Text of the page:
Cineac Montparnasse

Gare Montparnasse,
Paris 75014

Unfavorite No one has favorited this theater yet

Additional Info

Previously operated by: Cineac

Architects: Adrienne Gorska, Pierre de Montaut

Firms: Montaut & Gorska

Styles: Art Deco

Nearby Theaters

Cineac Montparnasse

In 1933, the second Cineac chain newsreel cinema was built in the Gare Montparnasse (railway station), under the old station.

The architectural firm de Montaut & Gorska, created a very interesting Art Deco design. On the facade of the station, a huge neon sign and neon arrows invited patrons to a large corridor. The floor made of tiles was a masterpiece and the lobby had two large windows one showing the air conditionning system the other on a higher level the projection booth.

The auditorium had a very fine Art Deco design too, and a space at the rear for standing viewers. The screen was high enough to avoid the problem of permanent traffic on the aisles.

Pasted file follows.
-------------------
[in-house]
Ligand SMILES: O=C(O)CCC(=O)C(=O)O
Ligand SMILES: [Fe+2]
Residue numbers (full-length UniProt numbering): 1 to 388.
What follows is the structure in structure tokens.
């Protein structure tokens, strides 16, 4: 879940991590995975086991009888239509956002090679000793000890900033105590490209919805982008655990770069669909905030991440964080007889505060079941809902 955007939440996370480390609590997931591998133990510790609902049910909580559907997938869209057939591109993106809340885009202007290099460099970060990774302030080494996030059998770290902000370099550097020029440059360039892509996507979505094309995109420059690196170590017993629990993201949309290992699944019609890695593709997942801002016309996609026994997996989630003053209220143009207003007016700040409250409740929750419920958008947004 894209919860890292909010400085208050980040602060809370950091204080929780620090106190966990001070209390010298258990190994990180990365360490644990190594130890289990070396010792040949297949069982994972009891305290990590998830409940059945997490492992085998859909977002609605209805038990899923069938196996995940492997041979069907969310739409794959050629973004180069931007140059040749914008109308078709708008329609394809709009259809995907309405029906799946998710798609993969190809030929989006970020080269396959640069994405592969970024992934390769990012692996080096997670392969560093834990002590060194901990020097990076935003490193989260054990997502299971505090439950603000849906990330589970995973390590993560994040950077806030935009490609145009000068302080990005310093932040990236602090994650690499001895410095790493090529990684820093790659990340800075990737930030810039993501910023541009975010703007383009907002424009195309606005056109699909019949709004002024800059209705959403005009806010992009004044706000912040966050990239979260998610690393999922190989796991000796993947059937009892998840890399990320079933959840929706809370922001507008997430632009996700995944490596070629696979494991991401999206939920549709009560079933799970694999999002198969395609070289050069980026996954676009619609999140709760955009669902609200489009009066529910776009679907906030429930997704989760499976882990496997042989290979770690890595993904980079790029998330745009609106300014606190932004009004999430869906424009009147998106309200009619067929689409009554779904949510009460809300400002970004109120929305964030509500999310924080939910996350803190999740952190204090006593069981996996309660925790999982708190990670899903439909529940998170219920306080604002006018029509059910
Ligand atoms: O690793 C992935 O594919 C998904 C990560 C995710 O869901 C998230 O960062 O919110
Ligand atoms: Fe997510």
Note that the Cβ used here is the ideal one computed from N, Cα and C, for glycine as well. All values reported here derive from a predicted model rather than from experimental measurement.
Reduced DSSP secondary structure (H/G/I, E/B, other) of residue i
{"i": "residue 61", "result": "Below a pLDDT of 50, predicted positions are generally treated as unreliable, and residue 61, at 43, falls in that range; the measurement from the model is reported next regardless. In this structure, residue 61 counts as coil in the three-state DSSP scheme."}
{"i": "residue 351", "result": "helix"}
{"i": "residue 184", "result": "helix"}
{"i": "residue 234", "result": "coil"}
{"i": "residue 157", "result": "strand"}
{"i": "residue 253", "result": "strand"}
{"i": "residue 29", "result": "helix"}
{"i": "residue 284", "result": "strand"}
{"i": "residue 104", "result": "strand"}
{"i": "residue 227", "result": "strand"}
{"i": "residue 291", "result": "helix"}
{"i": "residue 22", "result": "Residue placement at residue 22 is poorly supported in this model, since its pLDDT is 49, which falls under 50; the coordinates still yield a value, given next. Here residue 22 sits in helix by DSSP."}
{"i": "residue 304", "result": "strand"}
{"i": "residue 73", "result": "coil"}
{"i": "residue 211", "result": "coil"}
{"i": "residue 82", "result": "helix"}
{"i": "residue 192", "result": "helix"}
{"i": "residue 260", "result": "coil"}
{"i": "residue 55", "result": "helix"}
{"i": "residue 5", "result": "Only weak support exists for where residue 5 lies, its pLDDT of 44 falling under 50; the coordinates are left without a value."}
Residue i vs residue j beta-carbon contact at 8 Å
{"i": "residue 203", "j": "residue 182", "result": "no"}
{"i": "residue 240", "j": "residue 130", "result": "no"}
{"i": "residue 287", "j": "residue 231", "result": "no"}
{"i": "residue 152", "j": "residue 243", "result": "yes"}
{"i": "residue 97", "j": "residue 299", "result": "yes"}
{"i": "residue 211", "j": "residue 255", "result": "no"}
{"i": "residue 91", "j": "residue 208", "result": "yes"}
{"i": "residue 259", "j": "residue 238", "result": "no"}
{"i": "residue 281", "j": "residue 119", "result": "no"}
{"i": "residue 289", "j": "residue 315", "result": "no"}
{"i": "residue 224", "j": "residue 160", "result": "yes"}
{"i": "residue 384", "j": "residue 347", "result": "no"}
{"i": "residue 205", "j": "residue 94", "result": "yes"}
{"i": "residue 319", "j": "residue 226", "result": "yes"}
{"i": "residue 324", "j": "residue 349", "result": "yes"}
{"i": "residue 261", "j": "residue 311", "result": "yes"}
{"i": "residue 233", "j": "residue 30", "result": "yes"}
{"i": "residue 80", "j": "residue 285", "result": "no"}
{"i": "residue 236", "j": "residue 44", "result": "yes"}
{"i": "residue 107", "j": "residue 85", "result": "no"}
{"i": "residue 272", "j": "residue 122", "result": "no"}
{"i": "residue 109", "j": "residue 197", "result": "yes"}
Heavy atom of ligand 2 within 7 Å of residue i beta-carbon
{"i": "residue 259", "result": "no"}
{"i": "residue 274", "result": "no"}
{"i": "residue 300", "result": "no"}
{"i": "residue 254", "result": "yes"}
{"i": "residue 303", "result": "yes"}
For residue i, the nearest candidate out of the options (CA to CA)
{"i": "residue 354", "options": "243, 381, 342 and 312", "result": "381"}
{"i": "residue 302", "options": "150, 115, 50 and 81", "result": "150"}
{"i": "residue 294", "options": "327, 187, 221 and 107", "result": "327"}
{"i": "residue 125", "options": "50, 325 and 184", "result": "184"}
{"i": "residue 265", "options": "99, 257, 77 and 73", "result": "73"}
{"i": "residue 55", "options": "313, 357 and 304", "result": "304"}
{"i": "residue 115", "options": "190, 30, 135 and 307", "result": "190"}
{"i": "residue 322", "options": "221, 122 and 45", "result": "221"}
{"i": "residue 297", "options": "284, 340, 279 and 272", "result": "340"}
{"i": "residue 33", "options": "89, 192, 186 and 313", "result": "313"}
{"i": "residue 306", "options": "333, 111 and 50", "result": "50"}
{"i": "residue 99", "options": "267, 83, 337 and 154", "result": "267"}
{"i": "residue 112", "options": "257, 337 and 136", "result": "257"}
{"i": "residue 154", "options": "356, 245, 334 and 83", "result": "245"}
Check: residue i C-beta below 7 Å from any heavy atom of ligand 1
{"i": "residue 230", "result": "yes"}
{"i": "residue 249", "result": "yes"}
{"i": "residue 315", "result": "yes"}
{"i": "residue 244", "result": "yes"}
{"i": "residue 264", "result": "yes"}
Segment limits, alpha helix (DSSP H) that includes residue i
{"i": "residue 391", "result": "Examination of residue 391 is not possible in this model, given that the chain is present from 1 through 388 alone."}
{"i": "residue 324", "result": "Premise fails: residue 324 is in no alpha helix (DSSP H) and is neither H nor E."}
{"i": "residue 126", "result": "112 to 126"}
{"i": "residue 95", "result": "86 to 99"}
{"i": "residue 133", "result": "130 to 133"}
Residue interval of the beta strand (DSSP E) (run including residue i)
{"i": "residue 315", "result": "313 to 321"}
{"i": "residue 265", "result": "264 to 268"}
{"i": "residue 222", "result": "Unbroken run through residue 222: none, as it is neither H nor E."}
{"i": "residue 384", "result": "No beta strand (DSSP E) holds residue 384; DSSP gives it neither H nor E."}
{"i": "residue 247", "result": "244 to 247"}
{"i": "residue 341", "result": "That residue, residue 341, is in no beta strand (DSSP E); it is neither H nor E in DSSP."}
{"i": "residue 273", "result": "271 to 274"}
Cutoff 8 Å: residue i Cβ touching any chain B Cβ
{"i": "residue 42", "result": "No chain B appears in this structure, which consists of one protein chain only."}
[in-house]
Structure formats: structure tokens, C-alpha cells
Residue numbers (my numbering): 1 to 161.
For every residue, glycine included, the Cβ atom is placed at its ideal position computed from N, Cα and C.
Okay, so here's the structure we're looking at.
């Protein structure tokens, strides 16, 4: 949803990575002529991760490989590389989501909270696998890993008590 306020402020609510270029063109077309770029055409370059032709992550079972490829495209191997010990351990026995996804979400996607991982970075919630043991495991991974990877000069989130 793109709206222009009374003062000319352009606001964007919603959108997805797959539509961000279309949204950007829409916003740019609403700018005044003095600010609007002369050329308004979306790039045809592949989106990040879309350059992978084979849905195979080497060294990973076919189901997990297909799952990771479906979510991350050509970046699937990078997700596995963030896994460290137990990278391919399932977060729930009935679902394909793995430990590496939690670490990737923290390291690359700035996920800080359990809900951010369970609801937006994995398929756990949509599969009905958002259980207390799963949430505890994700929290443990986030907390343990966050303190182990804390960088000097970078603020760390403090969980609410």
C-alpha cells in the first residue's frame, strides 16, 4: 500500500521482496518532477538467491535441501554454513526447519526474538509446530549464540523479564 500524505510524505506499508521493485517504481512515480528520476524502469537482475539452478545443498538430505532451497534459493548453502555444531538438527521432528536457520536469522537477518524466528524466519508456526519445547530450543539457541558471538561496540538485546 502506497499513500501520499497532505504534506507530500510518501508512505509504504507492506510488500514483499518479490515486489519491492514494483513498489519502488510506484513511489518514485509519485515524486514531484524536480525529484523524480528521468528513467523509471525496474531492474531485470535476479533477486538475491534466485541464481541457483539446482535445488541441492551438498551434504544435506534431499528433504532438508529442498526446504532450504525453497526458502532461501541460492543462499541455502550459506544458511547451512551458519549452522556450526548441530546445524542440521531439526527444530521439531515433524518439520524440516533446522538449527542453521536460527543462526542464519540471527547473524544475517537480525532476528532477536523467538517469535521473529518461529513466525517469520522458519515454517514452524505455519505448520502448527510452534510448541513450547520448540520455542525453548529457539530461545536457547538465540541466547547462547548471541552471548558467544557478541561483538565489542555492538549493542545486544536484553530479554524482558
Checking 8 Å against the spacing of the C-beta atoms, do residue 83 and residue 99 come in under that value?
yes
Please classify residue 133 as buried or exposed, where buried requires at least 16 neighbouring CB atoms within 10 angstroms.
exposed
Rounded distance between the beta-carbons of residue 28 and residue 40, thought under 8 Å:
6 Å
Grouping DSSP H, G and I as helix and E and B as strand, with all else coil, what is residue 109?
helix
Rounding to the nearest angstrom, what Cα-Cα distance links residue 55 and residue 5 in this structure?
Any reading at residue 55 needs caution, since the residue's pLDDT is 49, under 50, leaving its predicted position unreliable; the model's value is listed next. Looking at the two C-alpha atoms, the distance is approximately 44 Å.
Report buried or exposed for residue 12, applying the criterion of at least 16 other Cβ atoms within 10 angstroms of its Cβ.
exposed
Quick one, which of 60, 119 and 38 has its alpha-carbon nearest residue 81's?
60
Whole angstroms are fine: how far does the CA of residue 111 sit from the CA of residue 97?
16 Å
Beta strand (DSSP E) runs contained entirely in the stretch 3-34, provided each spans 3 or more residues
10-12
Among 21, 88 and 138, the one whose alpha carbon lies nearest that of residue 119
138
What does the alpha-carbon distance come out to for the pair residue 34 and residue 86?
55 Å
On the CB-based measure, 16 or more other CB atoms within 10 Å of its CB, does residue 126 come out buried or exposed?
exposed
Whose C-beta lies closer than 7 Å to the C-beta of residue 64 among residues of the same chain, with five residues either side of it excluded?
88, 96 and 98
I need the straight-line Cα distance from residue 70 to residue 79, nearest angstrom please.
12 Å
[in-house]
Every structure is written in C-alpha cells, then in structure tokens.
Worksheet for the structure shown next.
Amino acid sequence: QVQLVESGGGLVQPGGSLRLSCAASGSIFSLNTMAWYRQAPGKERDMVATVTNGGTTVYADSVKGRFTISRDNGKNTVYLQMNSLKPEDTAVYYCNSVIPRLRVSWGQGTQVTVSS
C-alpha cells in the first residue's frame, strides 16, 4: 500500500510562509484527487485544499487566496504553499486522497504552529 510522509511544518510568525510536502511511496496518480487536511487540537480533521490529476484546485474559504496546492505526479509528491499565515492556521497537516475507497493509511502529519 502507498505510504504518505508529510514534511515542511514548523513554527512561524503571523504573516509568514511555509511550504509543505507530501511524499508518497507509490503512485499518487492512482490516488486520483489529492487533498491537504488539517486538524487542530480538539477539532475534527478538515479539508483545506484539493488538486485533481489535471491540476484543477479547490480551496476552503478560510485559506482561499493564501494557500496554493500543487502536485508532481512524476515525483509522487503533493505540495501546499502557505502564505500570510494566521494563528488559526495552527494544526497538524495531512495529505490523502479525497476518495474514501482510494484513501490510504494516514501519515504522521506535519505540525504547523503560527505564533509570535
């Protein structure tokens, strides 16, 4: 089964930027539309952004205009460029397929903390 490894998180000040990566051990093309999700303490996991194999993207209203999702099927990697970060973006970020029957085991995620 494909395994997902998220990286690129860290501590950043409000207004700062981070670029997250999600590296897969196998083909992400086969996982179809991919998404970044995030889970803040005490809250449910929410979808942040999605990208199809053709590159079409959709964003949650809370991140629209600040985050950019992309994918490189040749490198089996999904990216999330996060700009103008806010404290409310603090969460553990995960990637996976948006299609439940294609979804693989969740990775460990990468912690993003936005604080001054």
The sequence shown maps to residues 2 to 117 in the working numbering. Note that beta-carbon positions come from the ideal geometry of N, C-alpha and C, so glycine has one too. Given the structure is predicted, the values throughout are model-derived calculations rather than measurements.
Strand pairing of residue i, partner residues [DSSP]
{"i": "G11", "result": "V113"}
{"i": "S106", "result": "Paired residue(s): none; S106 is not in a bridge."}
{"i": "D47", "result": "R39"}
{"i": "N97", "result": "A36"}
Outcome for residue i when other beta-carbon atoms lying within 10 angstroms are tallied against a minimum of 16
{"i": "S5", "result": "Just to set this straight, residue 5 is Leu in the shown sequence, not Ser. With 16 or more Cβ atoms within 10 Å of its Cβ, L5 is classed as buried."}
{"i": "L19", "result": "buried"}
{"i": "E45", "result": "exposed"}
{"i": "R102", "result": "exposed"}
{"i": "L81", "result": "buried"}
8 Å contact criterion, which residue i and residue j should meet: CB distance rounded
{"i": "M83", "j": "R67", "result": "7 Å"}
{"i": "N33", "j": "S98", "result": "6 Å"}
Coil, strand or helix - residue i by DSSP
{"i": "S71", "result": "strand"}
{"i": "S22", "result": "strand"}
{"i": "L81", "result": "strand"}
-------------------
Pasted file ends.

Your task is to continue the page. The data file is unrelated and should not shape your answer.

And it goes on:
Until the end of the 1960’s, this amazing place was not altered by any refurbushing, only a CinemaScope screen was added. But in the 1970’s, the old railway station was razed, and the Cineac vanished.

Contributed by Xavier Delamare

Recent comments (view all 1 comments)

krustalev on October 24, 2016 at 3:51 pm

“…Every week, after coming out of school, we would go to the Cineac Cinema (found in the former Montparnasse train station). Here, we would watch strange and popular films and serials such as Tom Mix in The Miracle Rider, Mysterious Doctor Satan, Zorro Fighting Legion or Nyoka and the Tiger Men. The projections of these films were often interrupted by the public address system of the train station, announcing the arrival or departures of trains. Travellers entered or exited the cinema theatre as if they were in a waiting lobby. If there was ever such a thing as Dadaist cinema session, then the screenings at the Cineac were it!”

Jean Rollin “Foreword-For An Illogical and Nonsensical European Cinema”, in Alternative Europe-Eurothrash and Exploitation Cinema Since 1945", edited by Ernest Mathıjs and Xavier Mendik,Wallflower Press,2004,London:XI.

You must login before making a comment.

New Comment

Subscribe Want to be emailed when a new comment is posted about this theater?
Just login to your account and subscribe to this theater.